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What is Cancer?

Michael Pollick
Updated Mar 03, 2024
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Cancer is the general name for over 100 medical conditions involving uncontrolled and dangerous cell growth. Scientists suggest that some forms are caused by genetic factors, while other forms are caused by environmental conditions. In other words, one patient may already have a family history of breast cancer while another was exposed to a carcinogenic, or cancer-causing, chemical in a factory. The only difference is the root mechanism which triggered the abnormal cell growth.

Since cancer begins at the microscopic cellular level, the first signs of a malignant, or actively cancerous, growth are nearly impossible to detect without special tests and training. In the case of pancreatic cancer, for example, there is little to no pain involved as the first malignant cells form around the organ. As the tumor becomes more organized, new blood vessels may form to feed it directly or older vessels may be diverted. Meanwhile, the host body may only experience a few symptoms which resemble many other conditions. Only after a sample of suspicious tissue has been removed and tested can many forms of this condition be diagnosed.

One of the most insidious aspects of cancer is the way it grows. As the tumor outgrows the original organ, pieces of malignant tissue often breaks off, or metastasizes, and enters the bloodstream or lymph system. The cells can then attach themselves to other vulnerable organs and form new tumors. Thus a patient with pancreatic cancer may eventually have lung, brain, kidney, breast or colon cancer as well. This is why oncologists place so much emphasis on containing malignant tumors to their place of origin.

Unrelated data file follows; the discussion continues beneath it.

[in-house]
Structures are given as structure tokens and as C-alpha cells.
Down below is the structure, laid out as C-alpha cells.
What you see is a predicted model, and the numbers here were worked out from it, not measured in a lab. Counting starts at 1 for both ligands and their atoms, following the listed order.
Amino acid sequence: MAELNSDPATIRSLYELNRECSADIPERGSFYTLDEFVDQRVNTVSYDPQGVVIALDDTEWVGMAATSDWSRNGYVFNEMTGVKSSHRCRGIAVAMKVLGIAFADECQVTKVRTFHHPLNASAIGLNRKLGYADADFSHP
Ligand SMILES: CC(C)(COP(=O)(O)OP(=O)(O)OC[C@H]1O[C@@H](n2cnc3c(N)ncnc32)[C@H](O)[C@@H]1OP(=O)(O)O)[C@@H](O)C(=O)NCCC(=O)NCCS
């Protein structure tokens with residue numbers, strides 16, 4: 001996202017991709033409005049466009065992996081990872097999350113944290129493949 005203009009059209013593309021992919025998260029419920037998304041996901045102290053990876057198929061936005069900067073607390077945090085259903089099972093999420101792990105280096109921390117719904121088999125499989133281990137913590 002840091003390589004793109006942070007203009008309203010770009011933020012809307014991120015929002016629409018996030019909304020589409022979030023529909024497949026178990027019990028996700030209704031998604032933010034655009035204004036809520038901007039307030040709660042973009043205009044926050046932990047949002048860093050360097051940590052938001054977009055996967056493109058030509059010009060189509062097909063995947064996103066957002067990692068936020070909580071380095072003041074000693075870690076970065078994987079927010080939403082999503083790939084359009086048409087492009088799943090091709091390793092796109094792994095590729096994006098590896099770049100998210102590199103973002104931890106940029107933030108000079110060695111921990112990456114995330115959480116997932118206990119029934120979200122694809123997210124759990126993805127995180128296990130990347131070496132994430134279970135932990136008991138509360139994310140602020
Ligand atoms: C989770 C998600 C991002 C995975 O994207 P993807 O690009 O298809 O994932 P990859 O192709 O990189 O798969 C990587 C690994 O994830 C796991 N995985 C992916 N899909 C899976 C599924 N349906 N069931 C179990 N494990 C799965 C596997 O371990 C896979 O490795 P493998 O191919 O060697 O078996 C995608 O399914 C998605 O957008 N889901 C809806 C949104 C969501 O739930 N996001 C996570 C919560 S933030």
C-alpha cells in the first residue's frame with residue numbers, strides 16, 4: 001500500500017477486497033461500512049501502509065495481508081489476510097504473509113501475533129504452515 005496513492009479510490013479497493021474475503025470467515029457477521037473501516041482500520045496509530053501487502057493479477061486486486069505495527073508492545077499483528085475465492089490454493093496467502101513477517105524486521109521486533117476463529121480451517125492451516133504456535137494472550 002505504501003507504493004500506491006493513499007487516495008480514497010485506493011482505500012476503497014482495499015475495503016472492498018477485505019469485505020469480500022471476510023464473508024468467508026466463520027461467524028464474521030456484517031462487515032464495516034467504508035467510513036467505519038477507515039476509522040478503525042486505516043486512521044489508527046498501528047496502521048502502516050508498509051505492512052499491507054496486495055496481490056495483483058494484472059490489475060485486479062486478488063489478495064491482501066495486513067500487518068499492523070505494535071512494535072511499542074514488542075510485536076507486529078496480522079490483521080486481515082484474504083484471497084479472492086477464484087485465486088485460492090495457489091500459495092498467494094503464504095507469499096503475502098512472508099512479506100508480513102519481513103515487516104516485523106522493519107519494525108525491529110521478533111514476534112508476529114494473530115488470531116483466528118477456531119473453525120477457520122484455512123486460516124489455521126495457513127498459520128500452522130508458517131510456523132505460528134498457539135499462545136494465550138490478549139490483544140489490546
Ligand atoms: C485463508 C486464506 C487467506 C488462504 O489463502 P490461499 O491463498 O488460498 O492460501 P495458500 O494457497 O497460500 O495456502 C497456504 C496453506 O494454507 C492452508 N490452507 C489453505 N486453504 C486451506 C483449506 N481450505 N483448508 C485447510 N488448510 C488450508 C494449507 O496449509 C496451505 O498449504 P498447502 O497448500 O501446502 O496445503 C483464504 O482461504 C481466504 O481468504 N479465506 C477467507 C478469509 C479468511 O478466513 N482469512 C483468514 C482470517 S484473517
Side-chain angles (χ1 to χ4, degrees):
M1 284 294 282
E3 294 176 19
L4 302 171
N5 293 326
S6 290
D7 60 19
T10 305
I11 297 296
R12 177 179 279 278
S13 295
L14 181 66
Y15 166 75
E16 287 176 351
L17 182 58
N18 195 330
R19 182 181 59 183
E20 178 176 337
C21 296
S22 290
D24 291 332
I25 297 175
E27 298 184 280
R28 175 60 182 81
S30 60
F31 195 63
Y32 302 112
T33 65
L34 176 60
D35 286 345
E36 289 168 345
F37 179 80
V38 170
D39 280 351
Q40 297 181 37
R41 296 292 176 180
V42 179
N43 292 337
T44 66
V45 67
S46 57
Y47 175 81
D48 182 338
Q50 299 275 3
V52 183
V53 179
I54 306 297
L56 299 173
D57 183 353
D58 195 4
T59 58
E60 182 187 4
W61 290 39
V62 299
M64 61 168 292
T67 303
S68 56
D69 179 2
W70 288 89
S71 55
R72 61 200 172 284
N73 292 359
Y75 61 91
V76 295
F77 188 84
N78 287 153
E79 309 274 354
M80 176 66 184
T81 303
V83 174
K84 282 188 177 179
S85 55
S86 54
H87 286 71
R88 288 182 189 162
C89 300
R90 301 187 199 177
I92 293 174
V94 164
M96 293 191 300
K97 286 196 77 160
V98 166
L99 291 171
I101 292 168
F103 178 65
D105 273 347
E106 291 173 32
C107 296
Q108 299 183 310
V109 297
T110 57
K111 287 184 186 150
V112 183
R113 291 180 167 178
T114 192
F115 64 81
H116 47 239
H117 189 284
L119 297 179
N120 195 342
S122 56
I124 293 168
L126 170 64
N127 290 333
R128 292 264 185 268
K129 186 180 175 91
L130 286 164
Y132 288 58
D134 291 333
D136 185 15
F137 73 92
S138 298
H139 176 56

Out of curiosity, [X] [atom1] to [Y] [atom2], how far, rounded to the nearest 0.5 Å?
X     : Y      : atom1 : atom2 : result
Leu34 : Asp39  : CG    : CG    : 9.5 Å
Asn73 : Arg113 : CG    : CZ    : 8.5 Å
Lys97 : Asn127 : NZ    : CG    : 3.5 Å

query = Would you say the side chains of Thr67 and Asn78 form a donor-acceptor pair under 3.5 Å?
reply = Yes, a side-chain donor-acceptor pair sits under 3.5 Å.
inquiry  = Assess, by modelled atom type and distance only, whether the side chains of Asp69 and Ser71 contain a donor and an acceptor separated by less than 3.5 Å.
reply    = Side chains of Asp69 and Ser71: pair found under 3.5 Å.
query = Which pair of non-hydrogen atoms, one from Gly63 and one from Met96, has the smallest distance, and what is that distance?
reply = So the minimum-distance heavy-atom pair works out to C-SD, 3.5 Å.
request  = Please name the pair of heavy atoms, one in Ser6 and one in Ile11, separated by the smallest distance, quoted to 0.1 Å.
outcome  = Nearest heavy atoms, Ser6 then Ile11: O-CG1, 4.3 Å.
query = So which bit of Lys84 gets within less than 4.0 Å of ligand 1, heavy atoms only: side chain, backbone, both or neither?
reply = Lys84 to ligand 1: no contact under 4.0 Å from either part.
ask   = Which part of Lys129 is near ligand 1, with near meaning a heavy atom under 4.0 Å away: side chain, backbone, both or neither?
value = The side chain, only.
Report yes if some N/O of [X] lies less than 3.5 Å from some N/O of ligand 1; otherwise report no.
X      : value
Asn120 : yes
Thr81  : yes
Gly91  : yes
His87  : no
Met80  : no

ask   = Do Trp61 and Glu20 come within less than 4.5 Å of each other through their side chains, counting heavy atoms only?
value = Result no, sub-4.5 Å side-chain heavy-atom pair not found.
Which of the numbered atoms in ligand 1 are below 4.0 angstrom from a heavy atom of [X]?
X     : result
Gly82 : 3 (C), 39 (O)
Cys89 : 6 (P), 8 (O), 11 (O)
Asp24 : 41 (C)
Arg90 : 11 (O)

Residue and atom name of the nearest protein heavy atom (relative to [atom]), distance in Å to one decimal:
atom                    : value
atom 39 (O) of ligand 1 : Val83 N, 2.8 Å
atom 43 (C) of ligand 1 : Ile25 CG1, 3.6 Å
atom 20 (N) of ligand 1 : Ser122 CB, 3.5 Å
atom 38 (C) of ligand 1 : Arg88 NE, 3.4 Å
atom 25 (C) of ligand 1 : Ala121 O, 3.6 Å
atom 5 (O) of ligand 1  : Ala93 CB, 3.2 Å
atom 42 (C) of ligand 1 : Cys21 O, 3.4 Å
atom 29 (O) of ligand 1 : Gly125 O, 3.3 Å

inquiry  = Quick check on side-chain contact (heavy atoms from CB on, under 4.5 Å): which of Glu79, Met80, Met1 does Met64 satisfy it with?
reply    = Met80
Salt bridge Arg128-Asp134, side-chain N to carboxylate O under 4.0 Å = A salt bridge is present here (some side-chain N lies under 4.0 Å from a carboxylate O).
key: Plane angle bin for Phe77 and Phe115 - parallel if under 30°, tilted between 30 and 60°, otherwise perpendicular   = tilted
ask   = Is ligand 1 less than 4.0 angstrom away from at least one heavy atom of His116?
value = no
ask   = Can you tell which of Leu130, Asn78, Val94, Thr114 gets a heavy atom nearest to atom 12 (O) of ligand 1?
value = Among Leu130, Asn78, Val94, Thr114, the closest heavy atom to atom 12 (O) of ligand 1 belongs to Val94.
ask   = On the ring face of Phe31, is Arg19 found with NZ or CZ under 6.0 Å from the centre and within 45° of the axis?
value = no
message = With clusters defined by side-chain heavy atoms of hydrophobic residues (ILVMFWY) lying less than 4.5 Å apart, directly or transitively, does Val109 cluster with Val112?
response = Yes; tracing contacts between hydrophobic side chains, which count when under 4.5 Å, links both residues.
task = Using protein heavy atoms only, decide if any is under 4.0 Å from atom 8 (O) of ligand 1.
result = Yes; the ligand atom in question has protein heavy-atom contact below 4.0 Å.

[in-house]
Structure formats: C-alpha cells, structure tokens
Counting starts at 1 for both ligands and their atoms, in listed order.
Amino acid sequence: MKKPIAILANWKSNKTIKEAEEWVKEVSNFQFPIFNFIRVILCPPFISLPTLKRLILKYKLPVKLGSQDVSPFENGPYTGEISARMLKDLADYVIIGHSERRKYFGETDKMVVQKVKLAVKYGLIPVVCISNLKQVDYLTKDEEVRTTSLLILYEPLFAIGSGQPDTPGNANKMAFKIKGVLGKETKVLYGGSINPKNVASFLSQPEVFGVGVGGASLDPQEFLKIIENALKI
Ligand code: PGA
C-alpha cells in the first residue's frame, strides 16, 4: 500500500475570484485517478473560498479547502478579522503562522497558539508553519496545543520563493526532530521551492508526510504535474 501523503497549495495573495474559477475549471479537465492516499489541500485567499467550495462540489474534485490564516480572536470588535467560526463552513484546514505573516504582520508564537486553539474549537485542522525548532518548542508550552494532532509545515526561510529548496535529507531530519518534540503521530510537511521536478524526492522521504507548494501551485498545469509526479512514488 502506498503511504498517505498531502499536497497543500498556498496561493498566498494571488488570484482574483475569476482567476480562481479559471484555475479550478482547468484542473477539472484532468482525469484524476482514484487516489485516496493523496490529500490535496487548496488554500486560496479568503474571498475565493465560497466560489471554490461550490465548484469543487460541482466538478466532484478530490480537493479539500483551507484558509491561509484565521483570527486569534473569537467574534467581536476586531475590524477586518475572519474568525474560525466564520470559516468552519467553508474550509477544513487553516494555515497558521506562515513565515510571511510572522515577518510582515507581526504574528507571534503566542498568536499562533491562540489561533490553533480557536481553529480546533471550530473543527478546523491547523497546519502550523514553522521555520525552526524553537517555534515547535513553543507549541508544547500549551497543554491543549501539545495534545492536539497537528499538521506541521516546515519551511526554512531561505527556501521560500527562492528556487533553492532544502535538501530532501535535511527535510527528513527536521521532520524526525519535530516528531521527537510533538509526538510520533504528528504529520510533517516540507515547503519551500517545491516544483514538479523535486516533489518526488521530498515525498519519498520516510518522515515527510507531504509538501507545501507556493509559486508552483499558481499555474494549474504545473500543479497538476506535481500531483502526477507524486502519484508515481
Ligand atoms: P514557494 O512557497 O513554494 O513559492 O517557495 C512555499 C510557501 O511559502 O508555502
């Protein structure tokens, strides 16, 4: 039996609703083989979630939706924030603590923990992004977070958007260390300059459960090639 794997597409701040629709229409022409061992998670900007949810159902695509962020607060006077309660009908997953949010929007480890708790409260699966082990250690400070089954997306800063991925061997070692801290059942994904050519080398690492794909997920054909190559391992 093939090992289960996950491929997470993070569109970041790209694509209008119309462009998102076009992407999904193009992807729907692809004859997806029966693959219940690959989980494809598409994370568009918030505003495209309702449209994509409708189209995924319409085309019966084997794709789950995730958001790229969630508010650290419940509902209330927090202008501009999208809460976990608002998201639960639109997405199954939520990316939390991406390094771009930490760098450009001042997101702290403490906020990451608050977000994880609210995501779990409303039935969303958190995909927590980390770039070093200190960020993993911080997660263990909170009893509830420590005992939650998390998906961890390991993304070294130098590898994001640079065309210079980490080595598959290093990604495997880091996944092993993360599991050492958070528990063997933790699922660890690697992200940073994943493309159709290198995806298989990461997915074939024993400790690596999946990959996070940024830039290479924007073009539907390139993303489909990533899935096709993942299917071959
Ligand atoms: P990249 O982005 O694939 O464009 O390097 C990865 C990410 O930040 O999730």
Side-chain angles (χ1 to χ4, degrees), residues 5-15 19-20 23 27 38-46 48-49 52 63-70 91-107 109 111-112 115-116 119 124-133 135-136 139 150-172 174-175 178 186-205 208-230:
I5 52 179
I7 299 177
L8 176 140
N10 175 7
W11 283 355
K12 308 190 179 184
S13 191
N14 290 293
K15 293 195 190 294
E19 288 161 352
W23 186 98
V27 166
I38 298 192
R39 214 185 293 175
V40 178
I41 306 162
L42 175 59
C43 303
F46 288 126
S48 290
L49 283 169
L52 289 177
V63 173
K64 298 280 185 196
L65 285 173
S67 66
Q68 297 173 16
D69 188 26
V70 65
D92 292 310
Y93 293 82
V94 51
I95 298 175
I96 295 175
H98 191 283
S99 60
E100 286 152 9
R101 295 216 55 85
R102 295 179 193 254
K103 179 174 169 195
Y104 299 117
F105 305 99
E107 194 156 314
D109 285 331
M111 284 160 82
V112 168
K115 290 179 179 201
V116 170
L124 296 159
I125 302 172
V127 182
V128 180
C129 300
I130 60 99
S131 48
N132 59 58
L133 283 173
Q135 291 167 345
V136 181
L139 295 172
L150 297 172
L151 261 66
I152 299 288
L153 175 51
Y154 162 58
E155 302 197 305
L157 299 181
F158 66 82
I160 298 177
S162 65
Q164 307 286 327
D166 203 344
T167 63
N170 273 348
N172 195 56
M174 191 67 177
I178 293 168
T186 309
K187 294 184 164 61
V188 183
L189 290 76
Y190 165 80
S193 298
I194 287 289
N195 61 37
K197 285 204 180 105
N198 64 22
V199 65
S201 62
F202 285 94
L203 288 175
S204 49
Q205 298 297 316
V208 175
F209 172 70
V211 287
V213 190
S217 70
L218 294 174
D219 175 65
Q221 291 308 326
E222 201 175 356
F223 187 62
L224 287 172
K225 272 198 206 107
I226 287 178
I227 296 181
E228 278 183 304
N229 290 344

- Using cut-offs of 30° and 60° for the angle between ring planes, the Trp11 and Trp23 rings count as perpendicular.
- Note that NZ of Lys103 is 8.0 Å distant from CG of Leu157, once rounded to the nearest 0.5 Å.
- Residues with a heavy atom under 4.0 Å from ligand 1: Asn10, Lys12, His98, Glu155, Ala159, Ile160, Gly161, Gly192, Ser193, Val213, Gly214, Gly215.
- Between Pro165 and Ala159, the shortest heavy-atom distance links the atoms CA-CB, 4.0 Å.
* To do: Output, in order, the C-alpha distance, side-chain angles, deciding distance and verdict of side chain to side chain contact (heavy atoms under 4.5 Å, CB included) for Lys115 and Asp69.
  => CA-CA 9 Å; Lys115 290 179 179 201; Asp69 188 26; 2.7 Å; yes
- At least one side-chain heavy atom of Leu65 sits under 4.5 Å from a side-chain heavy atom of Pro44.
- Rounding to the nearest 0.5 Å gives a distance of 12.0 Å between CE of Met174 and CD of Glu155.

Treatment for these conditions ranges from rounds of powerful chemicals to focused burst of radiation to complete surgical removal of the tumor and surrounding tissue. Each treatment type brings a certain level of risk and pain to the patient, but cancerous cells left untreated will almost inevitably choke off vital organs and circulation. Chemotherapy introduces strong medicines which target fast-growing cells, but this also includes normal events such as hair growth and digestion. Radiation treatments use heat energy to literally burn off malignant cells, but healthy tissue is also damaged. Surgical removal can lead to a permanent recovery, but undetected malignant cells may have already metastasized to other organs or be jarred loose by the surgery itself.

Curing cancer has been a major goal of medical researchers for decades, but development of new treatments takes time and money. Already, there are many forms of cancer which are no longer considered untreatable. Some cancers, such as leukemia, can actually stop growing as suddenly as they started. This is called remission. Science may yet find the root causes of all cancers and develop safer methods for shutting them down before they have a chance to grow or spread.

The Health Board is dedicated to providing accurate and trustworthy information. We carefully select reputable sources and employ a rigorous fact-checking process to maintain the highest standards. To learn more about our commitment to accuracy, read our editorial process.
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Michael Pollick
By Michael Pollick , Writer
As a frequent contributor to The Health Board, Michael Pollick uses his passion for research and writing to cover a wide range of topics. His curiosity drives him to study subjects in-depth, resulting in informative and engaging articles. Prior to becoming a professional writer, Michael honed his skills as an English tutor, poet, voice-over artist, and DJ.

Discussion Comments

By anon2451 — On Jul 11, 2007

We are wanting to make a state display showing the many kinds of cancers in humans: a visual effect to bring attention and educate the public. We thought about using campaign type buttons, painting and printing the cancer's name on each button, attaching to the display. We need to know as many cancers humans can get and a one-line description to place under the cancer's name (for these buttons). HELP!

Michael Pollick

Michael Pollick


As a frequent contributor to The Health Board, Michael Pollick uses his passion for research and writing to cover a wide...
Learn more
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